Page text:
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Big business comes out of Vegas

Thomas LesterThomas Lester
The just completed Las Vegas Market was good to a number of rug manufacturers.
     Hundreds of new products were shown, showrooms were opened, expanded and remodeled, and buyers who visited left with receipts and plans for 2014.
     My best market indicators are my eyes. A number of times, I visited showrooms to speak with company officials, only to see them with customers. My personal credo is I should never come between companies and business (after all, they're at market to do business - speaking to me is secondary), so I'm always happy to come back and try again later. In a few cases in Vegas, it was try again and again and again.
     Rizzy Home was one of the showrooms in which my eyes told me the action seemingly never stopped. Mark Ferullo, vice president of parent company RizTex USA, said that was the case, as buyers came to the showroom in droves.
     "We've been slammed. We had a great week. Sunday was slammed; Monday was out of control; Tuesday has been steady, six, seven, eight people at a time," he said.
     With more than 250 new products in the showroom, Rizzy maintained a collection of its best sellers but essentially rolled its inventory over and introduced a number of products ranging in styles, constructions and price points.
     Greg Jordt, executive vice president of sales and marketing for Harounian Rugs International, said that by Monday, HRI had already eclipsed its last market in Las Vegas.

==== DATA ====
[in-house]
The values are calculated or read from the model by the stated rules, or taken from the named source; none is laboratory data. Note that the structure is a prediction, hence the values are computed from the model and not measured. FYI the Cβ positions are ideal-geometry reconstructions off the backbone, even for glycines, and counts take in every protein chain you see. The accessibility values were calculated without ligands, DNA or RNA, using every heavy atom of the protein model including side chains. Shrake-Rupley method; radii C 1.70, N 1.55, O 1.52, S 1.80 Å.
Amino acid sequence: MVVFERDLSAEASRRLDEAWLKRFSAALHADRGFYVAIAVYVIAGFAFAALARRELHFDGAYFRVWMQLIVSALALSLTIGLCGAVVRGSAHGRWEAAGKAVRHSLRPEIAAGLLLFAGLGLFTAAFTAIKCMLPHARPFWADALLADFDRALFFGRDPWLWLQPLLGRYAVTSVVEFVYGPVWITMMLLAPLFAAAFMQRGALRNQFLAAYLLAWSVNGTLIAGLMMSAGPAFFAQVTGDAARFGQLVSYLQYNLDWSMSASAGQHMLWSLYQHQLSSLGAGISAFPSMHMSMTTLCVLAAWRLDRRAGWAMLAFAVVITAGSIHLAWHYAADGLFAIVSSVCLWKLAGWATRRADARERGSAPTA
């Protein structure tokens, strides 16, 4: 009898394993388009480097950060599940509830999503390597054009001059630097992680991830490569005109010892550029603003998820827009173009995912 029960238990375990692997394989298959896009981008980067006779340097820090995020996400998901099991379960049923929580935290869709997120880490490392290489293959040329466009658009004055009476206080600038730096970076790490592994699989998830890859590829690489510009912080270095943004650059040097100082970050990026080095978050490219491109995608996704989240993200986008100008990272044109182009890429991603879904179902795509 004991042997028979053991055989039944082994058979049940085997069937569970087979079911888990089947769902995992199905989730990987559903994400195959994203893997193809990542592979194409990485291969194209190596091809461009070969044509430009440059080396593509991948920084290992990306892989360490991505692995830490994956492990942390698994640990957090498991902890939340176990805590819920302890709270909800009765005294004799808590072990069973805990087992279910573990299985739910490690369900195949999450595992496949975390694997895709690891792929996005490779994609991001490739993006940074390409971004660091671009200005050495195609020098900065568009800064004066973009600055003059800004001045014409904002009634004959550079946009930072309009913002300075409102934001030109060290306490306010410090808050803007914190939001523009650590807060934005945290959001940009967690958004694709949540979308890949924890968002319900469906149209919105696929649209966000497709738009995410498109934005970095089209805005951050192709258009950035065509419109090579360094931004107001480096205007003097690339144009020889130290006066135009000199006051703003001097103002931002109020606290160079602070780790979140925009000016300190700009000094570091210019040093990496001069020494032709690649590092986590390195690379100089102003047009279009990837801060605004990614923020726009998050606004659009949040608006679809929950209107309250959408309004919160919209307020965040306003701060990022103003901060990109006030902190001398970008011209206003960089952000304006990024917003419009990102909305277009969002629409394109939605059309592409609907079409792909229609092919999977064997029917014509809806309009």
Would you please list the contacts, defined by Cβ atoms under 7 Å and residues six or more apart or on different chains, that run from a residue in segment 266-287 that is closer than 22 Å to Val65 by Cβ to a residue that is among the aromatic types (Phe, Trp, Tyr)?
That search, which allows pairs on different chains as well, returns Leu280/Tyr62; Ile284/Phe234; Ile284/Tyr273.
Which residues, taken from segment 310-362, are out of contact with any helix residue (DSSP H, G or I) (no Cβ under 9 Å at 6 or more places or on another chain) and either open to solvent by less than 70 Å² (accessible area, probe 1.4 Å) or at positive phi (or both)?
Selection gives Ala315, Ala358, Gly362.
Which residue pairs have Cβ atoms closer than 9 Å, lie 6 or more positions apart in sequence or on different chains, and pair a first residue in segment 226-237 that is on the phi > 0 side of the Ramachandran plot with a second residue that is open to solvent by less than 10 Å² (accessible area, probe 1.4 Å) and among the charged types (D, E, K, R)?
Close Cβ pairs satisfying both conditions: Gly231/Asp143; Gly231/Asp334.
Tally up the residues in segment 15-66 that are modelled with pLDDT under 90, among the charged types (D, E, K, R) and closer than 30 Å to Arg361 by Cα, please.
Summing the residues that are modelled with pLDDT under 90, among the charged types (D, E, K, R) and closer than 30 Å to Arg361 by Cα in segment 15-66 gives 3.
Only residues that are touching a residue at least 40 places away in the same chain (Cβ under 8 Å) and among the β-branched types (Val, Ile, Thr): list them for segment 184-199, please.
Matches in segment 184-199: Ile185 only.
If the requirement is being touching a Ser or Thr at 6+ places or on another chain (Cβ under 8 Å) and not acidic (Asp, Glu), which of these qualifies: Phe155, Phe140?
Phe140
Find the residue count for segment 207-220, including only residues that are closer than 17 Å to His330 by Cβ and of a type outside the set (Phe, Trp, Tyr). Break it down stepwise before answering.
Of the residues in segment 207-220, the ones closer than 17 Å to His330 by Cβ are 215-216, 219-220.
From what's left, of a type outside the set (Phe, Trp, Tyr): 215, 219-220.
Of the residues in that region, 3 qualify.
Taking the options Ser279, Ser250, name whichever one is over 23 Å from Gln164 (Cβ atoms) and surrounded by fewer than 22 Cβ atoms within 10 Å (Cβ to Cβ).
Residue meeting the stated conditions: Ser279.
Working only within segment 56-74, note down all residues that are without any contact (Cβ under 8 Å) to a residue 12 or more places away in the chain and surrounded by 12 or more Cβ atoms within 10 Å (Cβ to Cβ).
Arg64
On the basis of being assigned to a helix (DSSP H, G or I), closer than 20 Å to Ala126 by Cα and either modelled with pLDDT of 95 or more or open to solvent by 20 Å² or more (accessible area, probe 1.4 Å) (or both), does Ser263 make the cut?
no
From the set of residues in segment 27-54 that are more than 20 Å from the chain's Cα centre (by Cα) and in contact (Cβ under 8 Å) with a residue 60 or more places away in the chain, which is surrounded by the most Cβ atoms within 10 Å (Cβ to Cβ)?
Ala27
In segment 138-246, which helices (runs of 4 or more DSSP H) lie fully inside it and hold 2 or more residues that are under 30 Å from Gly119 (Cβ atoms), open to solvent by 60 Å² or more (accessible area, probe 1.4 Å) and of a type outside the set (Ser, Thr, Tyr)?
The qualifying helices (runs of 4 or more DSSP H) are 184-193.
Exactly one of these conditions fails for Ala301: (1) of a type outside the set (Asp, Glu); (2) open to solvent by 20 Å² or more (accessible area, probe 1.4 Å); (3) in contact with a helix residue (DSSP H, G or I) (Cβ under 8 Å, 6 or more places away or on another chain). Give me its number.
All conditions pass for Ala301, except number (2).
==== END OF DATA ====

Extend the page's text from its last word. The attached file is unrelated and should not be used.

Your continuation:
"In the first two days, we did business equal to the entire market before. It's been incredible for us. We focused - premarket - on going after the western states. It paid off," he said.
     Surya, Jaipur, Capel and other manufacturers also reported large piles of chips to cash as they left Vegas while Joyce Lowe, executive director of Nourison's area rug division, compared traffic in Building C to the heady days of Atlanta markets past.
     While many longtime Vegas vendors had reason to smile, new showrooms from Kaleen and Orian created levels of excitement at the market. Kaleen came back to Sin City after a yearlong absence with a showroom reflective of its new attitude.
     "We had one customer walk in and look around. The first thing they said was ‘Where are we?' It wasn't the same look Kaleen had for years and years. The customers loved it," said Blake Dennard, senior vice president, noting a Vegas-style "KALEEN" lighting display above the bar at the showroom's entrance and a glass conference room in its center. Dennard said it's part of a strategy to reinvent Kaleen to appeal to younger buyers.
     And by all indications, those buyers - and plenty more - were at market in a mood to spend.

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